Phase II of the initiative seeks to highlight stakeholder engagement with state and private actors in the agricultural sector.
Notable among the engagements was the recently organised Presidential Breakfast Meeting on Agriculture and Agribusiness Financing held in Accra.
Hon. Bryan Acheampong has urged investors across the African continent to invest in Ghana's agriculture sector as it has enormous potential.
While he shared his disappointment in the country’s huge importation of onions and tomatoes from her Sahelian neighbours, he was very optimistic that the PFJ Phase II, when fully implemented, would make the country food-secure and resilient.
With abundant arable lands for crop production, good soil, water resources for irrigation, favourable weather, amidst the diversity of food commodities and a ready market for export, he said the PFJ Phase II would help transform the economy.
PFJ Phase II
Commenting on this, Hon. Acheampong revealed that between October and December, his ministry would supply a total of 4.5 million day-old chicks, vaccines, and starter-pack feed to farmers and out-growers.
This intervention is expected to result in the production of between 13,200 MT and 15,000 MT additional poultry meat by the end of this year, which would increase Ghana's self-sufficiency from 5% to 7%.
PFJ 2.0 would also ramp up this support to 18 million day-old chicks, vaccines, and starter-pack feed, which would lead to the production of 42,600 MT of meat and increase self-sufficiency to 13%. Such trajectory would continue until Ghana reaches full self-sufficiency.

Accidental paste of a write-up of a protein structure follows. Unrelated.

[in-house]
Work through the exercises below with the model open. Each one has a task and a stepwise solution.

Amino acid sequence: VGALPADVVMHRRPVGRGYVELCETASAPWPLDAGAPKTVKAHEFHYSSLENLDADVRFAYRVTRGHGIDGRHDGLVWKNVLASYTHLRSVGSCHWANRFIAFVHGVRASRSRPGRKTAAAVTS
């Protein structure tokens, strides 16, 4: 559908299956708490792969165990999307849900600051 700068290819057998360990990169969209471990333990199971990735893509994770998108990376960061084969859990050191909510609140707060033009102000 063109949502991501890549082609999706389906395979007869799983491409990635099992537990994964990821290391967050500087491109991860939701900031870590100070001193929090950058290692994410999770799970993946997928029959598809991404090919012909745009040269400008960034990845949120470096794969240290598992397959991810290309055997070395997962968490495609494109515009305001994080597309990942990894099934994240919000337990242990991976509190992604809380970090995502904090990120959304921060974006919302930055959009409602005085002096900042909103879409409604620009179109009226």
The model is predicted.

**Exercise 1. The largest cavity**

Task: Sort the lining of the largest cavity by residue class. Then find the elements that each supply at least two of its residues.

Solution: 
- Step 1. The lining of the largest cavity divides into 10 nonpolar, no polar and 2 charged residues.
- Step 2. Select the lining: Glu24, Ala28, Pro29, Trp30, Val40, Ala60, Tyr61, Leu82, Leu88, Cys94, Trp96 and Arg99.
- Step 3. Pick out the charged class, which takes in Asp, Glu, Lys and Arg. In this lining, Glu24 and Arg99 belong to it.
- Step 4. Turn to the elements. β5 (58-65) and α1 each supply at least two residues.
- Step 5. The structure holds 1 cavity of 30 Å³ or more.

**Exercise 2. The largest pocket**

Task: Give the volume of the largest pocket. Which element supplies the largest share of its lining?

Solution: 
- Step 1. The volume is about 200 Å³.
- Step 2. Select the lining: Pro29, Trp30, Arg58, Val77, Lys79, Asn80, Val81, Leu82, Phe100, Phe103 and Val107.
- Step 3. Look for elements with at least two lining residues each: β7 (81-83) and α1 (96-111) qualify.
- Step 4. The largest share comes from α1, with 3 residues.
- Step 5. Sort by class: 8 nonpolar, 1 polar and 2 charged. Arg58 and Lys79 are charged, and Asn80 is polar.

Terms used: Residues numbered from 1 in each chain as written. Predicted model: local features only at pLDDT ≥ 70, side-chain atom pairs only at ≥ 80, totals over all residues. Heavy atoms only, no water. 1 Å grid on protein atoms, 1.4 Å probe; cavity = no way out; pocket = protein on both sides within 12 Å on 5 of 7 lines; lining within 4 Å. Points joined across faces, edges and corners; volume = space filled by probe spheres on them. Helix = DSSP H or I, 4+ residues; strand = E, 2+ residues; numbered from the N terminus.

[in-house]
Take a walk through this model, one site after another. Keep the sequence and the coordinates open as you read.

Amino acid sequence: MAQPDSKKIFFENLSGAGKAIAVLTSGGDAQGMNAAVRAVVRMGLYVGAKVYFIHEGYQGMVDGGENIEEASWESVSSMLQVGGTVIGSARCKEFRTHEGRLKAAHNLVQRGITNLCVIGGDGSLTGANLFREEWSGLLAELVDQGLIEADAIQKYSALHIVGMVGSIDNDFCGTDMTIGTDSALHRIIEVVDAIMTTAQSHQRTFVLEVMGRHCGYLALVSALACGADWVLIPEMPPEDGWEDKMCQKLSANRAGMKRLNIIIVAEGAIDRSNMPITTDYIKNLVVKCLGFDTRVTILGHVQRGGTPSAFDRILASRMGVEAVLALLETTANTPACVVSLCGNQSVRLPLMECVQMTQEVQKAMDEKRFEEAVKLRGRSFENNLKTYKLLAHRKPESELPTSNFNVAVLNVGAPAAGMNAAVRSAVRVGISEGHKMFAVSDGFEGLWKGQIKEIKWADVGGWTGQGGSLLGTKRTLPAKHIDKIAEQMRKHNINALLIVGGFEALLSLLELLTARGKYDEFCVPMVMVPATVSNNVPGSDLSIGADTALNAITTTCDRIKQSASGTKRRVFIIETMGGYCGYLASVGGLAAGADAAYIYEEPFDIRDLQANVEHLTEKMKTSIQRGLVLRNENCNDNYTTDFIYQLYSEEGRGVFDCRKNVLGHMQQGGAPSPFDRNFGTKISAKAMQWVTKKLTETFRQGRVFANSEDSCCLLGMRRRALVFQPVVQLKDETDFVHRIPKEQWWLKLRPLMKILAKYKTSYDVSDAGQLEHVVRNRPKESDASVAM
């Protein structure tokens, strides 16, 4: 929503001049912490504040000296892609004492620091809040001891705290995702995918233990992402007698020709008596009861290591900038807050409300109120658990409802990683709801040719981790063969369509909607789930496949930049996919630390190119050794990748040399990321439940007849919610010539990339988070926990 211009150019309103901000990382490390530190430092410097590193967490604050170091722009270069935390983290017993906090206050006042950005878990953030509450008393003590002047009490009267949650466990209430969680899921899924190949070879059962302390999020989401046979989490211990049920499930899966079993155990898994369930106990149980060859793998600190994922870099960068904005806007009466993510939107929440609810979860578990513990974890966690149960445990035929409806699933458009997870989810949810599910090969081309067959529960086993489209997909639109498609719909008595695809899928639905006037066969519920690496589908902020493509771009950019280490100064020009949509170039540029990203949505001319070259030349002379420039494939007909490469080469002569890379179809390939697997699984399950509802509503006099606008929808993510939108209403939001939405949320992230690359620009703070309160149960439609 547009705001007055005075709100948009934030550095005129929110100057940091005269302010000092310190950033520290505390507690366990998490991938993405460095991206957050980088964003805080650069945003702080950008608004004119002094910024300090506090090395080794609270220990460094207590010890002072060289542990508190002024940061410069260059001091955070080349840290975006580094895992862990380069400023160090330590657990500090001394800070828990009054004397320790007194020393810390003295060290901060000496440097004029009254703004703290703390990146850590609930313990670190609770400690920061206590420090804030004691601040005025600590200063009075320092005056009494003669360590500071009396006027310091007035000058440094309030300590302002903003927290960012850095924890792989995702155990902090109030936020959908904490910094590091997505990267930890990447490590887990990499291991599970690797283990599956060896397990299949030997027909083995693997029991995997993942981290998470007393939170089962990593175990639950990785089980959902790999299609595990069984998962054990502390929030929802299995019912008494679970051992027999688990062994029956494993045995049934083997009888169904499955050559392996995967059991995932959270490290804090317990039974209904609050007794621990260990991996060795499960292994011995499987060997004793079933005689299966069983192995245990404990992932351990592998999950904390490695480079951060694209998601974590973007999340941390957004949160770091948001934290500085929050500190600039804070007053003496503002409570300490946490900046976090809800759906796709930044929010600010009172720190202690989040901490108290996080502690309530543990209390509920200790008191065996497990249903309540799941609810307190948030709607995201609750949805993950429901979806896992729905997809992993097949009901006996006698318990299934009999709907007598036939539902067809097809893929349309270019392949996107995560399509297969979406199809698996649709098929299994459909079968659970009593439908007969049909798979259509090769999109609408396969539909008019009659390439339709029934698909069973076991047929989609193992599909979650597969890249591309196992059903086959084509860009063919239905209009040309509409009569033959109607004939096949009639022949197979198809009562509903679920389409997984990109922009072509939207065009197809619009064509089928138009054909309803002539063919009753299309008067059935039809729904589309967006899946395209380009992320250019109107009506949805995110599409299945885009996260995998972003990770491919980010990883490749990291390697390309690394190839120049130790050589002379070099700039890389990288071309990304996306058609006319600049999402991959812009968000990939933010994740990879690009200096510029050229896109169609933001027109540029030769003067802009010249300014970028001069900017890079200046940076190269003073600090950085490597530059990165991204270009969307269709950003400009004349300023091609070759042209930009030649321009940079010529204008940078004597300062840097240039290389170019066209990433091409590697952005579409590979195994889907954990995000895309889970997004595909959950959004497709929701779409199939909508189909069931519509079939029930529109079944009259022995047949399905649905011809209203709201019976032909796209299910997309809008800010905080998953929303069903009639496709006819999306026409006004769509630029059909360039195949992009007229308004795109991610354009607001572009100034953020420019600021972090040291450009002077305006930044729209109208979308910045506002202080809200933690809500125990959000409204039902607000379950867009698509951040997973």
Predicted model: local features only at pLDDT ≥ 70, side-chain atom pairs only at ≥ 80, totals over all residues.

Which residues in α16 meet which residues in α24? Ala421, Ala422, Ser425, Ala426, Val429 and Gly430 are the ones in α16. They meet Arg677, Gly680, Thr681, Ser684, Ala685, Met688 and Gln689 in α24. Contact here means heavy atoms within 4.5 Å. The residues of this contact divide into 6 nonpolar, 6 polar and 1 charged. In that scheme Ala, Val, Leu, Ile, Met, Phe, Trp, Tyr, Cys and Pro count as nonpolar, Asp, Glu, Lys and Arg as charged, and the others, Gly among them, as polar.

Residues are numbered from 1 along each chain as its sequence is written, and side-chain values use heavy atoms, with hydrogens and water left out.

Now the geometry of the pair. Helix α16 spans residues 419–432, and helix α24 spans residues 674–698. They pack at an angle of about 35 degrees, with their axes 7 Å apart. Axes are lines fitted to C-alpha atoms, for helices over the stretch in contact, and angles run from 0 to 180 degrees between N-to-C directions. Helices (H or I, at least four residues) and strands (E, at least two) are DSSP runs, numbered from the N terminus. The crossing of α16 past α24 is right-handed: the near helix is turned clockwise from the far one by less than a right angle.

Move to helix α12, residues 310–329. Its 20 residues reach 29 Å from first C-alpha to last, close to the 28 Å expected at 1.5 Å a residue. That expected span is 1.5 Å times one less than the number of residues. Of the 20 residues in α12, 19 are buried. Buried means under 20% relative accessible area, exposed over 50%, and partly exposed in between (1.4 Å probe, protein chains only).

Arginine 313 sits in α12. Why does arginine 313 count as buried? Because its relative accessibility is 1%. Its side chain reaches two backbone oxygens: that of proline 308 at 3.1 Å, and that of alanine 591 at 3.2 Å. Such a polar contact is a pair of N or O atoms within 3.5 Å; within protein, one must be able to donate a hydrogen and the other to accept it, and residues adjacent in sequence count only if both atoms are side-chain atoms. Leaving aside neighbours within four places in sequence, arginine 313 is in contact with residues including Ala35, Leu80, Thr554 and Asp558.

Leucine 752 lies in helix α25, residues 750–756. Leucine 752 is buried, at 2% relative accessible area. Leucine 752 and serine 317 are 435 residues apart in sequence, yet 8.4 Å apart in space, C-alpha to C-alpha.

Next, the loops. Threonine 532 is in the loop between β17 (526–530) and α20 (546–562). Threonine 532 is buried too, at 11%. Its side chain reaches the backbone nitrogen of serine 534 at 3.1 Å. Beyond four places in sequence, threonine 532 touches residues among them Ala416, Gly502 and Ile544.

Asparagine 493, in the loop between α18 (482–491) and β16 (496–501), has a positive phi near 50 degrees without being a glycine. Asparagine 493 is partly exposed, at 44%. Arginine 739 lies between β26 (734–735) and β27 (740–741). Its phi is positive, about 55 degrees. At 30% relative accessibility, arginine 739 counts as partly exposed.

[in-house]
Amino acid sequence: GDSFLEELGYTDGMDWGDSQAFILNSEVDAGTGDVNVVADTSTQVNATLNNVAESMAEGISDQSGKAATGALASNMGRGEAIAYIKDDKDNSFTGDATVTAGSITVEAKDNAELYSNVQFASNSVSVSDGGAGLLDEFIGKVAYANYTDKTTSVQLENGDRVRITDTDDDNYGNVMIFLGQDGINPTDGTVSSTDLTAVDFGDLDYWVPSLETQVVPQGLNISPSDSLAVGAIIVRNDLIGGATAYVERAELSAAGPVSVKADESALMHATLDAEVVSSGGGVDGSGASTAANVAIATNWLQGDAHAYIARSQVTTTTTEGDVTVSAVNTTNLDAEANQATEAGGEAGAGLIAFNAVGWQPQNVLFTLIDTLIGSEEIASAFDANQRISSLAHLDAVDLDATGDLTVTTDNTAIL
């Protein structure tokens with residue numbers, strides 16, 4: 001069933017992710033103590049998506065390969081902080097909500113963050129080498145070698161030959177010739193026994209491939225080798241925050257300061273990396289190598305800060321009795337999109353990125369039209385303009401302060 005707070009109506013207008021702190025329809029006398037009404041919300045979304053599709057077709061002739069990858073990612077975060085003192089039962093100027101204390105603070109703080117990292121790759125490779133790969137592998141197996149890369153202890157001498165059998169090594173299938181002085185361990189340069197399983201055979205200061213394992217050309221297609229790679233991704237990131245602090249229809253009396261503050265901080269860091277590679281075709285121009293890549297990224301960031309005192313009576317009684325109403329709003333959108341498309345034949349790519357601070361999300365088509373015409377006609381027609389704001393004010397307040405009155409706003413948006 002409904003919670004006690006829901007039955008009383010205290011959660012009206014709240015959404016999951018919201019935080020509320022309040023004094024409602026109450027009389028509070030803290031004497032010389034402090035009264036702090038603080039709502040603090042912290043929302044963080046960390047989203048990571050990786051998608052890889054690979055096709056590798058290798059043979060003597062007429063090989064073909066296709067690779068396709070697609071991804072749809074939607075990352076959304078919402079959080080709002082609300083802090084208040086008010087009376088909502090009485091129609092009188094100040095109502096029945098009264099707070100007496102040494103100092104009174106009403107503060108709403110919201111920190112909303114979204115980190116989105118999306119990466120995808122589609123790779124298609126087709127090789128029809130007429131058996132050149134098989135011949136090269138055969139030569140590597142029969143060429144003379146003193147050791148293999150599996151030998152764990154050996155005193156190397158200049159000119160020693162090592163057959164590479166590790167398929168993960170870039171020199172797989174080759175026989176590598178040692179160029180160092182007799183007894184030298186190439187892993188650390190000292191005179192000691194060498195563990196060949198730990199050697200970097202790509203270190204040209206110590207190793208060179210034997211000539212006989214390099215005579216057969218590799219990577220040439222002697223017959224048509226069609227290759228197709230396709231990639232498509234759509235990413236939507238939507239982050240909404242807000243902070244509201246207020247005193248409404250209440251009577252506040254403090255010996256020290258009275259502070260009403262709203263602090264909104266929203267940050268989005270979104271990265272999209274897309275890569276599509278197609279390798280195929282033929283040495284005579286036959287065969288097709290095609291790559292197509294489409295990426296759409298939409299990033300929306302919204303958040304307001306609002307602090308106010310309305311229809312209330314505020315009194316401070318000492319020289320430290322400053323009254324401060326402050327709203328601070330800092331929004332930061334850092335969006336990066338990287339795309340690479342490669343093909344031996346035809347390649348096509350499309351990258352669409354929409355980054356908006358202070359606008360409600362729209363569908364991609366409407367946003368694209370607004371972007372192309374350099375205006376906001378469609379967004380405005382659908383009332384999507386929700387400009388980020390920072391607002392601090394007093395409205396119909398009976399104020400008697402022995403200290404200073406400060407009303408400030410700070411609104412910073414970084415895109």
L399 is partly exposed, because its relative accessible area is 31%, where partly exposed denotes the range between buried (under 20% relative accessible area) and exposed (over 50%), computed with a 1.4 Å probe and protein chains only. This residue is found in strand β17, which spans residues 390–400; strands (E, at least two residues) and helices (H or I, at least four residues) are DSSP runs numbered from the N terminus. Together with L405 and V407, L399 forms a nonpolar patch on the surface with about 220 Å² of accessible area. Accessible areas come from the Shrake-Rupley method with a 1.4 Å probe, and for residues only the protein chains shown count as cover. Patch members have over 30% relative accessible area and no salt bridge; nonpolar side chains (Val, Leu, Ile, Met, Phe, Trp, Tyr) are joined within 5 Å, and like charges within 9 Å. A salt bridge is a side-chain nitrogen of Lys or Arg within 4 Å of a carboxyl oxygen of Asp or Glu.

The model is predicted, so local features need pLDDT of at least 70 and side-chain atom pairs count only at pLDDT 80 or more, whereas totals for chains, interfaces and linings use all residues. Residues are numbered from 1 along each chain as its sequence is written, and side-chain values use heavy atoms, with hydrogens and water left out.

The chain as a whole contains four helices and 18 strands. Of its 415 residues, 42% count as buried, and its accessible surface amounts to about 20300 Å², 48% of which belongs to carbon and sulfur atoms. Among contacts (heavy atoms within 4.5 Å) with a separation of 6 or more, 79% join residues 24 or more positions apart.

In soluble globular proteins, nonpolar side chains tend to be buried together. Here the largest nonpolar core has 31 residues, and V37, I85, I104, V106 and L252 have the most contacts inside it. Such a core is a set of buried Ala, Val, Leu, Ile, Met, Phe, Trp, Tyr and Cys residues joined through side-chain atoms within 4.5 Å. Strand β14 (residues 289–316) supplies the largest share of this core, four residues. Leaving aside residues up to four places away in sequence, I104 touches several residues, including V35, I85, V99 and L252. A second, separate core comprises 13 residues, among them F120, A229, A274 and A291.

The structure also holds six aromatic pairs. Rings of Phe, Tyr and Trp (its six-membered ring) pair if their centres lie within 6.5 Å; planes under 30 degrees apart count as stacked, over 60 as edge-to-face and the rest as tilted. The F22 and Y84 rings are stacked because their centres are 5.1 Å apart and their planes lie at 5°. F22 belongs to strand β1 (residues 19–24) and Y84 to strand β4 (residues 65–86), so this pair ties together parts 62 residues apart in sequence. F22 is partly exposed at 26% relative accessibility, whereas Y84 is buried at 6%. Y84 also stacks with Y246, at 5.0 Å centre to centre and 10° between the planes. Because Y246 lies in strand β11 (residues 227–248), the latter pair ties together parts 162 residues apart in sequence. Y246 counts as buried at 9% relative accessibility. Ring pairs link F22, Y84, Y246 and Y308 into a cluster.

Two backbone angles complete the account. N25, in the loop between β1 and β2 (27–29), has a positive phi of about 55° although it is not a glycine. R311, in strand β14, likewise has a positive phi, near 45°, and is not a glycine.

The ministry has indicated it is determined to revive the poultry industry this year through the rehabilitation of 300 outgrown poultry farms across the country over the next 12 months. Each of these farms can be scaled to produce 200,000 birds within each poultry cycle of 4 months.
To poultry farmers, who over the years have been crying, Bryan Acheampong has arrived to save you.
Similarly, for rice, the ministry is currently rolling out specific interventions to increase local production and reduce import levels. The national target is to attain self-sufficiency in 2028 with a total paddy production of 3.31 million MT (equivalent to 1.82 million MT of milled rice).
In this regard, and over the next 12 months, “we will be investing in the development of 50,000 hectares of land under an agro-economic enclave project. We are also undertaking the rehabilitation and expansion of a number of irrigation schemes that would see the construction of 50,000 hectares of irrigated land in the inland and lowland valleys, which give the highest yields for rice (average of 6.5 MT per hectare),” he said.
He has also promised to engage 70,000 young people to go into rice farming out of the 200,000 people the YEA intends to employ under their Youth in Agriculture module.
In these challenging times, this man called Bryan Acheampong still gives hope to farmers and Ghanaians. There is an adage that goes like this: “Follow the person who knows the road”. All the best, Honourable!
BY Prince Fiifi Yorke